Rene Spitz was an Austro-Hungarian born psychiatrist and psychoanalyst who emigrated to the United States at the beginning of World War II. A lot of his empirical research based on observation of infants. When observing infants in a chidrens' home, he discovered that even if the babies were well-fed and kept clean and warm, the lack of physical stroking (and thus lack of stimulation) caused physical and emotional damage.
Spitz used the term "anaclitic depression" to describe emotional deprivation (the loss of a loved object). When the love object is returned to the child within a period of three to five months, recovery is prompt. If one deprives a child longer than five months, they will show the symptoms of increasingly serious deterioration. He used the terms "hospitalism or marasmus'' to describe a condition, when the child lies in his cradle and isn't active, maybe cries weakly or rocks to give himself some soothing. Those children easily fall ill or catch a disease and many of them die.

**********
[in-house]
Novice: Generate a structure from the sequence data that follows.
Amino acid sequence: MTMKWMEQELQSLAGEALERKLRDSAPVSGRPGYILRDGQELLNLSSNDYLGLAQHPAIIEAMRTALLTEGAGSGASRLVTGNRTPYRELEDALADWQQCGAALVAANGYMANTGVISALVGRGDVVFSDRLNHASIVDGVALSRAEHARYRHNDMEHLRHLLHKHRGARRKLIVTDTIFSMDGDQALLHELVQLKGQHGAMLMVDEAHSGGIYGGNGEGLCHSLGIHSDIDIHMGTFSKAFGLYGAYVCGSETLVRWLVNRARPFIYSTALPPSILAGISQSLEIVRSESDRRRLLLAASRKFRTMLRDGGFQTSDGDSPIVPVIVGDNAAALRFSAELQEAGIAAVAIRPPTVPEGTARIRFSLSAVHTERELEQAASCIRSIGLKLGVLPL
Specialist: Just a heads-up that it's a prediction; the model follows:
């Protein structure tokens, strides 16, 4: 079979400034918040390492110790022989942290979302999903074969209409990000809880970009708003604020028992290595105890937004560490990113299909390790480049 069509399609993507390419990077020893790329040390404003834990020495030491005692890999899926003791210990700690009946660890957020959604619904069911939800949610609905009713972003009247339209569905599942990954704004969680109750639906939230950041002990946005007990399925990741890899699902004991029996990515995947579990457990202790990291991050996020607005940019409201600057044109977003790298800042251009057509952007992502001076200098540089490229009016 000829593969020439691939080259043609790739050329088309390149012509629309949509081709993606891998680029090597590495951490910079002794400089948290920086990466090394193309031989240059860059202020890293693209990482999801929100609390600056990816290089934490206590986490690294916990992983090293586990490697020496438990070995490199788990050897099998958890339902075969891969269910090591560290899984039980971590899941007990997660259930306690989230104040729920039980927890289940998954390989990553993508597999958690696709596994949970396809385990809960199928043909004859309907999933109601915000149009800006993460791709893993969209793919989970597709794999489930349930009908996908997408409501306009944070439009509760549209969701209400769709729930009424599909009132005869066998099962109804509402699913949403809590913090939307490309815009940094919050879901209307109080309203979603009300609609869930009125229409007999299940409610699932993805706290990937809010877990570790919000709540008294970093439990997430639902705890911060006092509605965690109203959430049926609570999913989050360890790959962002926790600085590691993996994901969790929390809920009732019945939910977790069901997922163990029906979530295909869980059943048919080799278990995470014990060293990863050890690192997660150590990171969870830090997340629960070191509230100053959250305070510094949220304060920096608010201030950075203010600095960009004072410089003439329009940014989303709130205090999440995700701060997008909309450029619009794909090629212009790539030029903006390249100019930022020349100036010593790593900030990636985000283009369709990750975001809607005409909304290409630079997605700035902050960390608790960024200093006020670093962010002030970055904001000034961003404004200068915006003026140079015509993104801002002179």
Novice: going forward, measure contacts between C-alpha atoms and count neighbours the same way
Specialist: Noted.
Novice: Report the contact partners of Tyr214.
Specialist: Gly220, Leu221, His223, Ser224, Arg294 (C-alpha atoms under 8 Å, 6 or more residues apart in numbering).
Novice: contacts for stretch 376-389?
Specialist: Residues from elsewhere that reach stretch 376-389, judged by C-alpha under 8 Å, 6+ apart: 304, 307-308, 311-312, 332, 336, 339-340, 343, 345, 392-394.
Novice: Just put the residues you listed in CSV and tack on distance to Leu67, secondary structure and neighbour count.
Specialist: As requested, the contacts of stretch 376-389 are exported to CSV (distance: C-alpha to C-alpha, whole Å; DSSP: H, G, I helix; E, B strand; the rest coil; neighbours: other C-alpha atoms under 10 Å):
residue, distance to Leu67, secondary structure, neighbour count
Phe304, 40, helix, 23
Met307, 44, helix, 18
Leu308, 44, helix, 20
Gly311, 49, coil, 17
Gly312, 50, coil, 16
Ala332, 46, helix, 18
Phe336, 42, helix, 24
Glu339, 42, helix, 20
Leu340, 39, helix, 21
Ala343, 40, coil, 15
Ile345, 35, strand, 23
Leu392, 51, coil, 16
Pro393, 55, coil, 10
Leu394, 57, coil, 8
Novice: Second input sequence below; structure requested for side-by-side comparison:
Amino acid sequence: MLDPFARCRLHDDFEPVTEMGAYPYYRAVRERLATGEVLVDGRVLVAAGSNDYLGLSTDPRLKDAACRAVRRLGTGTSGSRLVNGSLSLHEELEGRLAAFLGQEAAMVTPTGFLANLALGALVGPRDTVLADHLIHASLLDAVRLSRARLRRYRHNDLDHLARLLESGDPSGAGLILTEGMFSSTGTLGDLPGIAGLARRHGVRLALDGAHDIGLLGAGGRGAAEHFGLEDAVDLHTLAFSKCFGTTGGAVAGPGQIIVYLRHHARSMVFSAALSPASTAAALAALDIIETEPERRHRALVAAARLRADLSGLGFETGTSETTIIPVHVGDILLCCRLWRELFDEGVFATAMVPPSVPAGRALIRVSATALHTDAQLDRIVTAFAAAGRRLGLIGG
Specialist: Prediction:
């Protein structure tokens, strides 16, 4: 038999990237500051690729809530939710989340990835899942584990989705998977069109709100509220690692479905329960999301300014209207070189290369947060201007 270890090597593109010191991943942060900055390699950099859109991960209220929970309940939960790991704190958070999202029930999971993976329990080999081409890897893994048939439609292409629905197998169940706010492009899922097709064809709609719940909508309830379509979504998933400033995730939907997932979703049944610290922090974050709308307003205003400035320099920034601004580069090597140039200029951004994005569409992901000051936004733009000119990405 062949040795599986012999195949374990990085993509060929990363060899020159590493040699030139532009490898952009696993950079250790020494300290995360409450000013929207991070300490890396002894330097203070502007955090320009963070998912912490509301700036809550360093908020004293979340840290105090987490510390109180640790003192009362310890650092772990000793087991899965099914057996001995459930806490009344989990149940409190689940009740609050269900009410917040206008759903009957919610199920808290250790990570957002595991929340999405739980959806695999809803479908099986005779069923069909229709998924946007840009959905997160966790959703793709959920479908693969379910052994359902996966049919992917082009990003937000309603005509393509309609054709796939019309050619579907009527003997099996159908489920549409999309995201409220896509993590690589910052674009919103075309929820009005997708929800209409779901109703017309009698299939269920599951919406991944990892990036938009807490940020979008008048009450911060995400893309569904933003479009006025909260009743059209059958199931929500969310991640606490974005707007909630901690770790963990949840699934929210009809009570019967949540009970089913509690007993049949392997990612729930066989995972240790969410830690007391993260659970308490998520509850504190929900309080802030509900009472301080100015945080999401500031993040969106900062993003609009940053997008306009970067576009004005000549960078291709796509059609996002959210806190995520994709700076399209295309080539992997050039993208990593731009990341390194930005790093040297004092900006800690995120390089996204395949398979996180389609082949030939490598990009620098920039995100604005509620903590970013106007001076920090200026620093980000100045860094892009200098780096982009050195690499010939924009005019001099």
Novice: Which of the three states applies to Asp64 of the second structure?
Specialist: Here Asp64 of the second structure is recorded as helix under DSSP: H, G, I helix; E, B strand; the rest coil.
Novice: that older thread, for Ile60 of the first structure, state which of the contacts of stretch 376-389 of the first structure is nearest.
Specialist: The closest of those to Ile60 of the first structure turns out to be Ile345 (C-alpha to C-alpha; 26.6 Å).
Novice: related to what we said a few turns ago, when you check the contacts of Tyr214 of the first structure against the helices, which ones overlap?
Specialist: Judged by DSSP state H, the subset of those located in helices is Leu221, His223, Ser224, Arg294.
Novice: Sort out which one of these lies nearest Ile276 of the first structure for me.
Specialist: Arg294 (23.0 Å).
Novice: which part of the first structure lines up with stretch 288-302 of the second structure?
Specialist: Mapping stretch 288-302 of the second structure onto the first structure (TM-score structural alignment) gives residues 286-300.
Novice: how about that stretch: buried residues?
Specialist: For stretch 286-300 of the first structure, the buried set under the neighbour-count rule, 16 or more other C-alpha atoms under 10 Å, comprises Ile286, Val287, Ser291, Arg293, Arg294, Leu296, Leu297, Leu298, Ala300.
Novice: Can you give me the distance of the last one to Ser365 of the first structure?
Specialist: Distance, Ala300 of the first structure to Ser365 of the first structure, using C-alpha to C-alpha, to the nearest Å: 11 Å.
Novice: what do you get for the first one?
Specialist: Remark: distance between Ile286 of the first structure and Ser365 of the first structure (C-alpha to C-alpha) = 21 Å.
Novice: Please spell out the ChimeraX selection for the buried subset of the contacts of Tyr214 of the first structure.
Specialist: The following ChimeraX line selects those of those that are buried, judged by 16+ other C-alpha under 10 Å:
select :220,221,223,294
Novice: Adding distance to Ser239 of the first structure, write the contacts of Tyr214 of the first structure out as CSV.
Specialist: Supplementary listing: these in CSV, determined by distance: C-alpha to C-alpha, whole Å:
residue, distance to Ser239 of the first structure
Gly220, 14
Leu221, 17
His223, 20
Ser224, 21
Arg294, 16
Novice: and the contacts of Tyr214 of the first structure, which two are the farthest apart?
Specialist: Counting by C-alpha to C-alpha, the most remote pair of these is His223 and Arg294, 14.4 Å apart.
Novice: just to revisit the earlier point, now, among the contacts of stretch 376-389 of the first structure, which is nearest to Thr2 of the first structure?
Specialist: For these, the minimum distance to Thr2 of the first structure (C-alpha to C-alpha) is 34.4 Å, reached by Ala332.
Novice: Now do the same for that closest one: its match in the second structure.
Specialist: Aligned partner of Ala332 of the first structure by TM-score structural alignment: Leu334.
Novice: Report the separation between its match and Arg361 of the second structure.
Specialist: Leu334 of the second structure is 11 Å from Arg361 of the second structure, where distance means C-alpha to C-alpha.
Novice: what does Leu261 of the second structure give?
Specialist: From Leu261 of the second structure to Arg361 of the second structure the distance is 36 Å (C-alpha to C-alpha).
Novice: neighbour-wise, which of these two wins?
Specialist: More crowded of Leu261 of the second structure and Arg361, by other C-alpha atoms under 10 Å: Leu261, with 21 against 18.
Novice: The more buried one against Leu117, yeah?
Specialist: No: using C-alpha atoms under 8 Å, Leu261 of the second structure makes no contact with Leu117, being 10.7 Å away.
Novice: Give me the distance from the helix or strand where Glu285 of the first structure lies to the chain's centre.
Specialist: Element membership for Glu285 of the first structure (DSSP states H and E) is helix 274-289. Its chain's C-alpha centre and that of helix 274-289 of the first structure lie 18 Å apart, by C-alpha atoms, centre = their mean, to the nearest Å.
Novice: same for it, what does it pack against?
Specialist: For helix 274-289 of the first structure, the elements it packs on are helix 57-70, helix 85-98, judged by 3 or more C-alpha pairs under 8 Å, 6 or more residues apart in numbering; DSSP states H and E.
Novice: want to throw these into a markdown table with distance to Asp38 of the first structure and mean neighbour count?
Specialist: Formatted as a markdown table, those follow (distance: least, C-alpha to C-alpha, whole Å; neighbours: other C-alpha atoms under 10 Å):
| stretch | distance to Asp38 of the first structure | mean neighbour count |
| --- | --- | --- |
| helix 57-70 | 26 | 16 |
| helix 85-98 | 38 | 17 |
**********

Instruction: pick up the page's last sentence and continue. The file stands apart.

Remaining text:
If a person receives a negative stroke, he feels it as non-pleasant, maybe painful. Negative strokes sometimes carry the ''You're not OK'' message. Claude Steiner (1974) called these strokes cold pricklies. People can either choose to accept a negative stroke and feel bad or not to accept it and choose to feel OK. Examples of negative strokes: a) non-verbal: a frown, a slap; b) unconditional: ''I hate you''; c) conditional: ''You didn't wash the dishes properly''. Sometimes a seemingly positive stroke that carries a message of critique, is in fact a negative one. Irony, sarcasm, cynicism and teasing are often used for hidden negative strokes. (''That soup you made was really something'', said in a sarcastic tone).
It is necessary to use negative conditional strokes in raising children (from Controlling Parent) but parents have to balance them out with lots of unconditional and sincere positive strokes.